To examine the relative contributions of molecular mobility and thermodynamic factor, the relationship between glass transition temperature (T g) and the crystallization rate was examined using amorphous dihydropyridines (nifedipine (NFD), m-nifedipine (m-NFD), nitrendipine (NTR) and nilvadipine (NLV)) with differing T g values. The time required for 10% crystallization, t 90, was calculated from the time course of decreases in the heat capacity change at T g. The t 90 of NLV and NTR decreased with decreases in T g associated with water sorption. The t 90 versus T g/T plots almost overlapped for samples of differing water contents, indicating that the crystallization rate is determined by molecular mobility as indicated by T g. In contrast, differences in the crystallization rate between these four drugs cannot be explained only by molecular mobility, since the t 90 values at a given T g/T were in the order: NLV > NTR > NFD ≈  m-NFD. A lower rate was obtained for amorphous drugs with lower structural symmetry and more bulky functional groups, suggesting that these factors are also important. Furthermore, the crystallization rate of NTR in solid dispersions with poly(vinylpyrrolidone) (PVP) and hydroxypropyl methylcellulose (HPMC) decreased to a greater extent than expected from the increased T g. This also suggests that factors other than molecular mobility affect the crystallization rate.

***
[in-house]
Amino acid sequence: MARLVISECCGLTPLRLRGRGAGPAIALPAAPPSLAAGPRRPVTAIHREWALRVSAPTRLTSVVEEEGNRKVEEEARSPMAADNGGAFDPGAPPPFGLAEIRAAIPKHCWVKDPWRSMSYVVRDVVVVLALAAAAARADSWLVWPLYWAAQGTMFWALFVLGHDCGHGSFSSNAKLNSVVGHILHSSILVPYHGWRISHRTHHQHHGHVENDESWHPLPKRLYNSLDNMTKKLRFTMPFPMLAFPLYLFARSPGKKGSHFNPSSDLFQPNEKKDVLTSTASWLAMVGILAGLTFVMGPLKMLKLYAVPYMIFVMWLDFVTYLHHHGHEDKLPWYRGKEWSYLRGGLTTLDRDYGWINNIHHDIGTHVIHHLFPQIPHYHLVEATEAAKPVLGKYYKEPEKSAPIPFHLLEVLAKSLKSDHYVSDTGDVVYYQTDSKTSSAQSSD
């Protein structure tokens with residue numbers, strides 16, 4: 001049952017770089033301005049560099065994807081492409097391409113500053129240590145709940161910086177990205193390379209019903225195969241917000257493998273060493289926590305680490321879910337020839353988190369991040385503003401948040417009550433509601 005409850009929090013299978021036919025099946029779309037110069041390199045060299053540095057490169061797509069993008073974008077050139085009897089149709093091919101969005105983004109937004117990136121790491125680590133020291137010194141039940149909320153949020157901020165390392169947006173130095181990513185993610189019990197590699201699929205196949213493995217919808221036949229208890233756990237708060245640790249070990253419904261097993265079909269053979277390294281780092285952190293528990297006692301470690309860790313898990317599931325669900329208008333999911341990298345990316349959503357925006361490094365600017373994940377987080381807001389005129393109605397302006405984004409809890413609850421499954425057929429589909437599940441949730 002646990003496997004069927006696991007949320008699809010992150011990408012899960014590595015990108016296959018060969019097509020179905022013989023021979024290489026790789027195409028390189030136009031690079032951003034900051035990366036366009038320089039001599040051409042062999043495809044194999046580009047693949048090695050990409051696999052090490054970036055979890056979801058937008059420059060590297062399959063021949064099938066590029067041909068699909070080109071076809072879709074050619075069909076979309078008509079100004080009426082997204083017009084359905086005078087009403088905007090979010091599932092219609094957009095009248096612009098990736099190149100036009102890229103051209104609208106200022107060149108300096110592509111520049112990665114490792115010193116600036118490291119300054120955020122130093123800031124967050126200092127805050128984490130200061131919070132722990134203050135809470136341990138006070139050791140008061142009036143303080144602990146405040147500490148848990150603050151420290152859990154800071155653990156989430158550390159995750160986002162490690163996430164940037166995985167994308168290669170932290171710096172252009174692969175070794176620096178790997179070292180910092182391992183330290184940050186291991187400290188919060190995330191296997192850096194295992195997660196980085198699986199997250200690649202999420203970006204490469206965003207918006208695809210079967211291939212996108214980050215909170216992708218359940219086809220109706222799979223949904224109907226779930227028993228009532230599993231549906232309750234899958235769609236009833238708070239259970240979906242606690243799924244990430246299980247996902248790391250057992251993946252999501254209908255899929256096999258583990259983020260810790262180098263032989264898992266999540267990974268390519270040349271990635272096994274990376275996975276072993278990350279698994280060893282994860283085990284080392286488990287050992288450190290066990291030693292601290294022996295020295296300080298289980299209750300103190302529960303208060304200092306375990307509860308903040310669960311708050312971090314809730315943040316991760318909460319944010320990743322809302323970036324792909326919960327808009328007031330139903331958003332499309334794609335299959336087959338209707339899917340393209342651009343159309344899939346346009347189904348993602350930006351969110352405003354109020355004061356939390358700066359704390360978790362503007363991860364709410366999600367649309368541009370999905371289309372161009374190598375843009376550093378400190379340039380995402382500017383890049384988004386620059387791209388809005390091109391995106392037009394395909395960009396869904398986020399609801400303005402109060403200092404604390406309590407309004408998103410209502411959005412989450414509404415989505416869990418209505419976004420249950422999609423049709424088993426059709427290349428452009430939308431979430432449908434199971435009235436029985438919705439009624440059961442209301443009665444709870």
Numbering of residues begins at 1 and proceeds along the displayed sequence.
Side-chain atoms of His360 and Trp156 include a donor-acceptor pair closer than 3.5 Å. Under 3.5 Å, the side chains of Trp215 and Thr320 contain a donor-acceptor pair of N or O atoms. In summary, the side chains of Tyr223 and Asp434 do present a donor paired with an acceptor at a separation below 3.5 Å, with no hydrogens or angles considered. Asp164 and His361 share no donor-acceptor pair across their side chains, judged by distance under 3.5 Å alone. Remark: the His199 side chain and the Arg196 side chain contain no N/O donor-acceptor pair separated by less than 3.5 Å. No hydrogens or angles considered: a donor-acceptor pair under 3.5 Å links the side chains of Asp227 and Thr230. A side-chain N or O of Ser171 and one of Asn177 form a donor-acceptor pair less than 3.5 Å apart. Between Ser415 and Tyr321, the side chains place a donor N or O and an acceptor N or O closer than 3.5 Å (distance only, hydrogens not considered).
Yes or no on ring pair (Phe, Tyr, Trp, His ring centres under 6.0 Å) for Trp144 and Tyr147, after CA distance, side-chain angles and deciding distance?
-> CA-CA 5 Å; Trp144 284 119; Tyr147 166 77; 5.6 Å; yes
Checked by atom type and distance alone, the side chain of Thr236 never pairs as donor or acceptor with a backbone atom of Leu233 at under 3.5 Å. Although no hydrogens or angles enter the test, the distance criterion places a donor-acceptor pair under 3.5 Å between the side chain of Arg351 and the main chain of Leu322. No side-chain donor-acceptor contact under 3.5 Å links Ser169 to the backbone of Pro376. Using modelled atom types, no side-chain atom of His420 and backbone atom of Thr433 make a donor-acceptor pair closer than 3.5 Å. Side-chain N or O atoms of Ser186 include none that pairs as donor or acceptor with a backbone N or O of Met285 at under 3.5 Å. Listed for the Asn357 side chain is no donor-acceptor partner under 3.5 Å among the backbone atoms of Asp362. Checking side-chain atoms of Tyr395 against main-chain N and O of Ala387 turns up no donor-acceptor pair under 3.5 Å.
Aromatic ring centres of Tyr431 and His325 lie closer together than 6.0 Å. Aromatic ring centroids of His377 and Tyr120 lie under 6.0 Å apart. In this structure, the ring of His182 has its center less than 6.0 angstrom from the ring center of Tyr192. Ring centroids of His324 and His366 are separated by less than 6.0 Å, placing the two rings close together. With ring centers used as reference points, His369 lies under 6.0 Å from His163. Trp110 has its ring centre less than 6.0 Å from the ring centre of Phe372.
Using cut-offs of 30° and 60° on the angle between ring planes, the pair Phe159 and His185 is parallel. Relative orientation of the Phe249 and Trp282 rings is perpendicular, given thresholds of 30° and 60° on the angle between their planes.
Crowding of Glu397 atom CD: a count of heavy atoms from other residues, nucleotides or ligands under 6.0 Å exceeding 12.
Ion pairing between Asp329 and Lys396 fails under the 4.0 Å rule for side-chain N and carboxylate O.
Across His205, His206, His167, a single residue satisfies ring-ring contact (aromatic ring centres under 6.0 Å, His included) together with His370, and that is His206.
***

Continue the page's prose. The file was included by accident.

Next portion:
Keywords: Crystallization; Amorphous state; Nifedipine; Glass transition; Molecular mobility; Excipients;

Noticeboard (196).